The great American tenor and Hollywood film star of Italian origin, Mario Lanza sings “Vesti La Giubba”, a famous tenor aria from Ruggero Leoncavallo’s 1892 opera Pagliacci (Clowns). From the 1951 movie “The Great Caruso”.

Mario Lanza sings “Vesti La Giubba”, a famous tenor aria from Ruggero Leoncavallo’s 1892 opera Pagliacci (Clowns). From the 1951 movie “The Great Caruso”.

Vesti la Giubba (Put on the costume)

“Vesti La Giubba,” one of the most famous arias in the operatic repertoire, is a highlight of Ruggero Leoncavallo’s opera “Pagliacci.” Premiered in 1892, “Pagliacci” is often hailed as a masterpiece of verismo, an operatic genre focusing on everyday life and emotions, particularly those of the lower classes. Legendary Italian tenor Enrico Caruso’s 1904 recording has sold more than one million copies, the first million-seller in history.

The aria is performed by the main character, Canio, a clown in a traveling commedia dell’arte troupe. “Vesti La Giubba” occurs at a crucial moment in the opera, at the end of the first act. Canio has just discovered the infidelity of his wife, Nedda, but must prepare to perform in a comedy as part of their troupe’s show. The aria captures his agony as he grapples with his personal heartbreak while needing to put on a cheerful face for the audience.

Musically, “Vesti La Giubba” is a masterful depiction of the character’s emotional turmoil. Leoncavallo employs a dramatic melody that powerfully conveys Canio’s anguish and despair. The aria starts with a somber, reflective mood as Canio contemplates his situation. The music then builds up to an intense climax, mirroring his growing emotional turmoil. This crescendo leads to the famous line, “Ridi, Pagliaccio” (Laugh, clown), where Canio resigns himself to hide his pain behind the clown’s smile.

The text of the aria adds to its emotional impact. The Italian title translates to “Put on the costume,” and the lyrics depict Canio’s struggle to reconcile his internal suffering with his professional role as a clown. The juxtaposition of his tragic reality with the comedic expectations of his audience makes the aria particularly poignant.

“Vesti La Giubba” is not only central to “Pagliacci” but also holds a significant place in the operatic canon. It is often cited as one of the most moving moments in opera, showcasing the singer’s ability to convey deep emotion. The aria requires a tenor with a strong, expressive voice capable of handling the dramatic shifts in dynamics and emotion.

In the context of operatic history, “Pagliacci” and “Vesti La Giubba” are important contributions to the verismo style. This style aimed to bring more realism into opera, focusing on real-life situations and emotions, often involving everyday people rather than the nobility or mythological characters typical of earlier operas.

“Vesti La Giubba” continues to be a staple in the repertoire of many tenors and is often featured in popular culture, symbolizing the tragic clown who must laugh on the outside while crying on the inside. Its enduring popularity underscores the universal appeal of its theme – the human struggle to mask our true feelings in the face of societal expectations.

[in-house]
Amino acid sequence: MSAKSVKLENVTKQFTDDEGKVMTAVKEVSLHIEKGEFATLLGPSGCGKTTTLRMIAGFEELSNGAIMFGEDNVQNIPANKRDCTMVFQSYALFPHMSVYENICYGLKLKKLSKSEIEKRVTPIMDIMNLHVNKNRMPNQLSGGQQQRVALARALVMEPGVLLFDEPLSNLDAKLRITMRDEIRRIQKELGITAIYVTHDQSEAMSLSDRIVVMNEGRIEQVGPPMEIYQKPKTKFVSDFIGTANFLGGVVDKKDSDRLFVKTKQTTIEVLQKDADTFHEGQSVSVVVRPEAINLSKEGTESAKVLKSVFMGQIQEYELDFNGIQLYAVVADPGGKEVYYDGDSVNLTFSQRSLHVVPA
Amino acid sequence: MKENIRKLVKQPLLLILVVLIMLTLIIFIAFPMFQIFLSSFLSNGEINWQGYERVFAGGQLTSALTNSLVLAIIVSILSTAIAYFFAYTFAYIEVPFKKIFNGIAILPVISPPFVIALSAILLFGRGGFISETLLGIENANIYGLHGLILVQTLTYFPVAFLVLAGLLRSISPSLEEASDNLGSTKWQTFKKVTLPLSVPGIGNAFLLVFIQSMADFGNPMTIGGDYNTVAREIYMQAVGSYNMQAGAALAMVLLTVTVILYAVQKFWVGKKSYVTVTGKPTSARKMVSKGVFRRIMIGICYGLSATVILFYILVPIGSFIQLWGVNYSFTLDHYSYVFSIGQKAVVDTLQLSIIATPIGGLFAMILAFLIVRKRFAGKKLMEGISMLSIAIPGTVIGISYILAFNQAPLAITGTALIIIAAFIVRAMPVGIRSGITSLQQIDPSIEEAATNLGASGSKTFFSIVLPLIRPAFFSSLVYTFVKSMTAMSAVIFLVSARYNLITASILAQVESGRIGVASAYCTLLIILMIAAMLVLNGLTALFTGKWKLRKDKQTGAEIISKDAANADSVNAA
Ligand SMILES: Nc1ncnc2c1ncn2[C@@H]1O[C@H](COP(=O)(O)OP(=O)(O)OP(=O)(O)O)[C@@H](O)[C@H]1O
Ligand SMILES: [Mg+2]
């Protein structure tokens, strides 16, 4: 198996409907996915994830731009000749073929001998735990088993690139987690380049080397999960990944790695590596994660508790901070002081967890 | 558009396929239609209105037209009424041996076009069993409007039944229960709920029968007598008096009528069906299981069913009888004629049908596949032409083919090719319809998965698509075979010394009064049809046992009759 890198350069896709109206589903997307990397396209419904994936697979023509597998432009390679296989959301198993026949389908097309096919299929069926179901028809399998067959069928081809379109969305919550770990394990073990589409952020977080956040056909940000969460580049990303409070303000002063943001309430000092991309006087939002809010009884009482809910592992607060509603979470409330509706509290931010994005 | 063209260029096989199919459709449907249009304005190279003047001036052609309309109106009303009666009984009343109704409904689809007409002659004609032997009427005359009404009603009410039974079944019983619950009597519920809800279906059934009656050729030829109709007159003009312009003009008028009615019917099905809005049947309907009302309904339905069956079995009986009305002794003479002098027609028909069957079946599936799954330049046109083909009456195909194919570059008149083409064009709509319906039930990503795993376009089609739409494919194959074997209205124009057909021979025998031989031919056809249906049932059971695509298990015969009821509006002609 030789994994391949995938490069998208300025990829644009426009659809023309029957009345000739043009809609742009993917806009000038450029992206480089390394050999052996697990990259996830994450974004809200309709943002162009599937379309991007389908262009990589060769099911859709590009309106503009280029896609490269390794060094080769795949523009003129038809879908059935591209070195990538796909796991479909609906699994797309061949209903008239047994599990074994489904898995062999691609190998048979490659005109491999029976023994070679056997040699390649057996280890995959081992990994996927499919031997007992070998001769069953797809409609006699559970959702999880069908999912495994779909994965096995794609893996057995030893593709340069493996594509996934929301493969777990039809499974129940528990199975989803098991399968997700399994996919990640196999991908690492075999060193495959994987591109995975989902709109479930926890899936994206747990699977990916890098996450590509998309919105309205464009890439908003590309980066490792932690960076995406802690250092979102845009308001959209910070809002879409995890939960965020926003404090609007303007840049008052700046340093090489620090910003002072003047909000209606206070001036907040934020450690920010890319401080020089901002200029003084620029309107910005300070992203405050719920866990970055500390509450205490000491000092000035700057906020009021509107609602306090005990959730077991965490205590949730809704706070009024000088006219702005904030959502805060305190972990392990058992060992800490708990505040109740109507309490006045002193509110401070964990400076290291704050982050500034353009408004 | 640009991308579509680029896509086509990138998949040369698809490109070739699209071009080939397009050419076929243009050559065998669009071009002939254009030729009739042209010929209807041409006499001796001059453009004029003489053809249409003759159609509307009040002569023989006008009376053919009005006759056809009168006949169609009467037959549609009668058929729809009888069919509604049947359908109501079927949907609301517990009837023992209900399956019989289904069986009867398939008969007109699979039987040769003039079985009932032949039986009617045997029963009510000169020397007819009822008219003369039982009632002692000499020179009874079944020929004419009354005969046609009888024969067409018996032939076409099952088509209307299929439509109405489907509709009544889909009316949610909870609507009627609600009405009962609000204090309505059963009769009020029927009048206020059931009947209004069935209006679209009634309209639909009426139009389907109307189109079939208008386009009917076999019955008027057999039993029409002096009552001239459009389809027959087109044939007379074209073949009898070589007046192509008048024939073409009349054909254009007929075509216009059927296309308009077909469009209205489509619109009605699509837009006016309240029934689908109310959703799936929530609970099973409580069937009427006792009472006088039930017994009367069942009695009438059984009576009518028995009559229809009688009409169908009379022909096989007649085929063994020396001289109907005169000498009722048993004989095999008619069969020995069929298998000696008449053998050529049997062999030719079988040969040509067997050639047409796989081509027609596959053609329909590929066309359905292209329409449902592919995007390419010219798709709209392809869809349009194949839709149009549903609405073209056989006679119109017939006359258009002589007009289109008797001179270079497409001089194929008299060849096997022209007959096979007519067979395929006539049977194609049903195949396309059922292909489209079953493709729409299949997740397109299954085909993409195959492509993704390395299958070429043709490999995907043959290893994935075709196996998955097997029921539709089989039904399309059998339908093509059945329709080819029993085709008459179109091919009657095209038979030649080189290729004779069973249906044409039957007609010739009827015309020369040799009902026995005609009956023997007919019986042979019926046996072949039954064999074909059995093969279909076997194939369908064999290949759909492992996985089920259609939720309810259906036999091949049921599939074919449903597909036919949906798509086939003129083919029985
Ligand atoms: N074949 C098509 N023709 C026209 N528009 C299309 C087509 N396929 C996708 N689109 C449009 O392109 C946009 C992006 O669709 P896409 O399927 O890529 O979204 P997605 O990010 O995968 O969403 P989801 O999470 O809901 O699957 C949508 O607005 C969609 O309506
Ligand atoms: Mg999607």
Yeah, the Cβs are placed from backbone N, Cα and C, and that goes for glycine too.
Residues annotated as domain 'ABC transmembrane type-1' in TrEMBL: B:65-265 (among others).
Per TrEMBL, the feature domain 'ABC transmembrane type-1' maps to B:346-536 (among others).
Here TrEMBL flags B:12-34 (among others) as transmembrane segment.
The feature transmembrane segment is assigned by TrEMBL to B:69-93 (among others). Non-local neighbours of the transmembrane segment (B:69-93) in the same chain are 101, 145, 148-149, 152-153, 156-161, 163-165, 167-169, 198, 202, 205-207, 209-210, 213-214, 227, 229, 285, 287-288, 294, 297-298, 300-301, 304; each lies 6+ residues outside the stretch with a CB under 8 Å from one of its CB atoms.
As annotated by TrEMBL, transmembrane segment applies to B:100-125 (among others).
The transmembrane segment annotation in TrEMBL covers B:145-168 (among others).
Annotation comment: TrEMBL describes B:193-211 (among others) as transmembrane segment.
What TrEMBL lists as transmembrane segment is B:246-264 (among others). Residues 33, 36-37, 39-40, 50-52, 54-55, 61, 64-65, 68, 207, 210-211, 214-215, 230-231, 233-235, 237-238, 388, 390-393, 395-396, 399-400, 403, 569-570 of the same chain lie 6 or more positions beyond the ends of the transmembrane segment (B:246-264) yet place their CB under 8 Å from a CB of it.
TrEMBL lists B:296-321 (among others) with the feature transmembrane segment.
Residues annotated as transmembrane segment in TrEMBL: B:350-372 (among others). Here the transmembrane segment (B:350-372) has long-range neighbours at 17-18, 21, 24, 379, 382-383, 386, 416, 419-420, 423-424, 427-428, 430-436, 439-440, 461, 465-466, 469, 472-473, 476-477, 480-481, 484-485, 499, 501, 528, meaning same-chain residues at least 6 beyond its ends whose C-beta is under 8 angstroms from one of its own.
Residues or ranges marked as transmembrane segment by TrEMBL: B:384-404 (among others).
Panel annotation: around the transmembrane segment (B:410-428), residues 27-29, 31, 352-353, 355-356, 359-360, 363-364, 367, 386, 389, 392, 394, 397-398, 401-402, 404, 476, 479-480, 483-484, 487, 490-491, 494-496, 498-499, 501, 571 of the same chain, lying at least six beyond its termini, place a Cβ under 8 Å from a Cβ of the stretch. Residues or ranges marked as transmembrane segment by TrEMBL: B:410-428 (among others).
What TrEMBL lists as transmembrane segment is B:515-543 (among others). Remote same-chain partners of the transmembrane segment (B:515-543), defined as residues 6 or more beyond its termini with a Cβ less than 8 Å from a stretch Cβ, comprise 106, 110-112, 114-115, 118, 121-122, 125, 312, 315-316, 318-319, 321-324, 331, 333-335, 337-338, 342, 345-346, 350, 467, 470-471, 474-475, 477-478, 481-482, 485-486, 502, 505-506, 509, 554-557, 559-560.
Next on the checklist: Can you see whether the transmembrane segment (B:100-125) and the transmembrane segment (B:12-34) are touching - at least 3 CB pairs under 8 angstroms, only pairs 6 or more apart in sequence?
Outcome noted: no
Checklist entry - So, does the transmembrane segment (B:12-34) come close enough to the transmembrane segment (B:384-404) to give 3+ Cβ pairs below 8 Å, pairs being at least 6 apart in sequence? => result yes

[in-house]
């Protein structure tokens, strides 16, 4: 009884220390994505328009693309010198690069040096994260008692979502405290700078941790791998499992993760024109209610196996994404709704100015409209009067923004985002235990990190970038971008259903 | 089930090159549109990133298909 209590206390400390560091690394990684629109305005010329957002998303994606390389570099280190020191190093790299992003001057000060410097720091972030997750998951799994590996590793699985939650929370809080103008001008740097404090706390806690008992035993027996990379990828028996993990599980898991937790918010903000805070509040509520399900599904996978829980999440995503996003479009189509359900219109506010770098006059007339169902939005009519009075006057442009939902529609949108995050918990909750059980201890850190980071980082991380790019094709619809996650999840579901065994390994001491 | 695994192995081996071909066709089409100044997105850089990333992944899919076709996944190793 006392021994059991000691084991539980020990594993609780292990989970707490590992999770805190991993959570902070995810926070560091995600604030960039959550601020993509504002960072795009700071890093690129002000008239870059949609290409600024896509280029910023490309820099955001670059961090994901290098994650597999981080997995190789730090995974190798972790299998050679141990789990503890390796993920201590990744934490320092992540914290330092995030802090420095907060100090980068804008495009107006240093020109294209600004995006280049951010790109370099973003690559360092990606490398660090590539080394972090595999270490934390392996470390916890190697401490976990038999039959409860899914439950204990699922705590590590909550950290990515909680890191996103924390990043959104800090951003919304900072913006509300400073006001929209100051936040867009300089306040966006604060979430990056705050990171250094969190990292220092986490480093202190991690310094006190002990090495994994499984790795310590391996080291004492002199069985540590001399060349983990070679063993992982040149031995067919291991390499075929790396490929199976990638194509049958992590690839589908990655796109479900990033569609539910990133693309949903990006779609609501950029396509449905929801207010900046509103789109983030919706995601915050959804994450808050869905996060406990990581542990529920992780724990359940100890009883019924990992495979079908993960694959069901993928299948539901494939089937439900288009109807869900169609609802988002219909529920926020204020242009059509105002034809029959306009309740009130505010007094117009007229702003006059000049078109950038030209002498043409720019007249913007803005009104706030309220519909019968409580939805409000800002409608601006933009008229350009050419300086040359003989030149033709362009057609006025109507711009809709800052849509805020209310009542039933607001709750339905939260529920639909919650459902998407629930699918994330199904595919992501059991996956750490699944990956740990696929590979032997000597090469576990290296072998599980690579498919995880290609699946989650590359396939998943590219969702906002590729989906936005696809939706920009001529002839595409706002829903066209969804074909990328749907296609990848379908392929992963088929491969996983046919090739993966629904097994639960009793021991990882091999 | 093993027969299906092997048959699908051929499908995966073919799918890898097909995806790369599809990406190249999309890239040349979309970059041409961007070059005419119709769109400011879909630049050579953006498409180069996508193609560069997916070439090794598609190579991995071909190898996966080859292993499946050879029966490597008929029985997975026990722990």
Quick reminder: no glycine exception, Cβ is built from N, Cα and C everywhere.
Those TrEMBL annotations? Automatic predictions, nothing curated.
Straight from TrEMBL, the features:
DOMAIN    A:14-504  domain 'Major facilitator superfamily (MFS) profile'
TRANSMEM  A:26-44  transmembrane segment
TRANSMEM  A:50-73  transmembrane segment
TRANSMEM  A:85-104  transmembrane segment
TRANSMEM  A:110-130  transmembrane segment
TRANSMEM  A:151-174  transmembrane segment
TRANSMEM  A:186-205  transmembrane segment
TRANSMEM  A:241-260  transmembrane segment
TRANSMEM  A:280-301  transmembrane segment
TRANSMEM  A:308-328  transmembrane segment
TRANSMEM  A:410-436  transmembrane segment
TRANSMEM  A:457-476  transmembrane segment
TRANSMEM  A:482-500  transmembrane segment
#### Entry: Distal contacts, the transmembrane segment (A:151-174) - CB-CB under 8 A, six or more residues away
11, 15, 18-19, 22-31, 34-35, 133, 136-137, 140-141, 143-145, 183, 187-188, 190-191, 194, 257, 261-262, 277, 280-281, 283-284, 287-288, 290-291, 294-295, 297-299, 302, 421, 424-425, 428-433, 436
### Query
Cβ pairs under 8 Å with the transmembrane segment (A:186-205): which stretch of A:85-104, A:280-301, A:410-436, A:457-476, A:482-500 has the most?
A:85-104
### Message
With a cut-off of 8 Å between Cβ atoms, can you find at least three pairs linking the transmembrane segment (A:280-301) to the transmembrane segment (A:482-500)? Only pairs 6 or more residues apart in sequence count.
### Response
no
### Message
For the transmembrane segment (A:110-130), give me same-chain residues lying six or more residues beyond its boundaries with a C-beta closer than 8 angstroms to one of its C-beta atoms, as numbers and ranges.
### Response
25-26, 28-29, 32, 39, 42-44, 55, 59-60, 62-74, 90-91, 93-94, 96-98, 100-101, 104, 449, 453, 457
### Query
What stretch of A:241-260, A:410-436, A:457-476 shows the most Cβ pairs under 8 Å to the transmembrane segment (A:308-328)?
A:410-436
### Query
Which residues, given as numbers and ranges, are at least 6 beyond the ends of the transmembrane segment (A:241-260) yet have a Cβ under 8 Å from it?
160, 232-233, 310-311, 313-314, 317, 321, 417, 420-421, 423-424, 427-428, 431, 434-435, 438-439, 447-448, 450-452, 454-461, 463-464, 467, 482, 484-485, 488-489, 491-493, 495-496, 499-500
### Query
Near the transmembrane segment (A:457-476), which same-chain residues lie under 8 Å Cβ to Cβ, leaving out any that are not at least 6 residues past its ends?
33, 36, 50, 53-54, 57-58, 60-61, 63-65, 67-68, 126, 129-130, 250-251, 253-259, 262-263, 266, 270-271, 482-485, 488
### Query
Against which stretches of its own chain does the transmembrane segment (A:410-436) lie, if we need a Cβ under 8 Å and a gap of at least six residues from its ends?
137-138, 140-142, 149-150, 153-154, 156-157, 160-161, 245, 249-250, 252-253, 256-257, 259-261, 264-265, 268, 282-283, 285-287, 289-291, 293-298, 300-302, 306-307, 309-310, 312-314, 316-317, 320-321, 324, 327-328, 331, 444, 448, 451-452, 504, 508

Vesti la Giubba lyrics [text]

Italian: Vesti la Giubba

Recitar! Mentre preso dal delirio,
non so più quel che dico,
e quel che faccio!
Eppur è d’uopo, sforzati!
Bah! Sei tu forse un uom?
Tu se’ Pagliaccio!

Vesti la giubba e la faccia infarina.
La gente paga, e rider vuole qua.
E se Arlecchin t’invola Colombina,
ridi, Pagliaccio, e ognun applaudirà!
Tramuta in lazzi lo spasmo ed il pianto
in una smorfia il singhiozzo e ‘l dolor, Ah!

Ridi, Pagliaccio,
sul tuo amore infranto!
Ridi del duol, che t’avvelena il cor!

English translation: Put on the costume

Act! While in delirium,
I no longer know what I say,
or what I do!
And yet it’s necessary. Force yourself!
Bah! Are you even a man?
You are a clown!

Put on your costume and powder your face.
The people are paying, and they want to laugh here.
And if Harlequin [1] steals away your Columbina [2],
laugh, clown, and all will applaud!
Turn your distress and tears into jokes,
your pain and sobs into a smirk, Ah!

Laugh, clown,
at your broken love!
Laugh at the grief that poisons your heart!

  1. Harlequin, a central figure in Italian Commedia dell’Arte, is known for his colorful checkered costume and comedic role. Originating in the 16th century, he’s a nimble, clever trickster, often a servant but always shrewd and resourceful. Harlequin’s character influenced theater and literature, embodying themes of wit, agility, and adaptability, making him an enduring symbol in the performing arts.
  2. Columbina, a staple character in the Italian Commedia dell’Arte, is known for her intelligence and wit. She typically appears as a maid or servant, often the counterpart of Harlequin. Her character, dating back to the 16th century, is marked by pragmatism, charm, and a strong, independent spirit. Columbina, often portrayed without a mask, symbolizes the clever, assertive woman in traditional Italian theater.


M. Özgür Nevres

Published by M. Özgür Nevres

I am Özgür Nevres, a software engineer, a former road racing cyclist, and also an amateur musician. I opened to share my favorite music. I also take care of stray cats & dogs. This website's all income goes directly to our furry friends. Please consider supporting me on Patreon, so I can help more animals!

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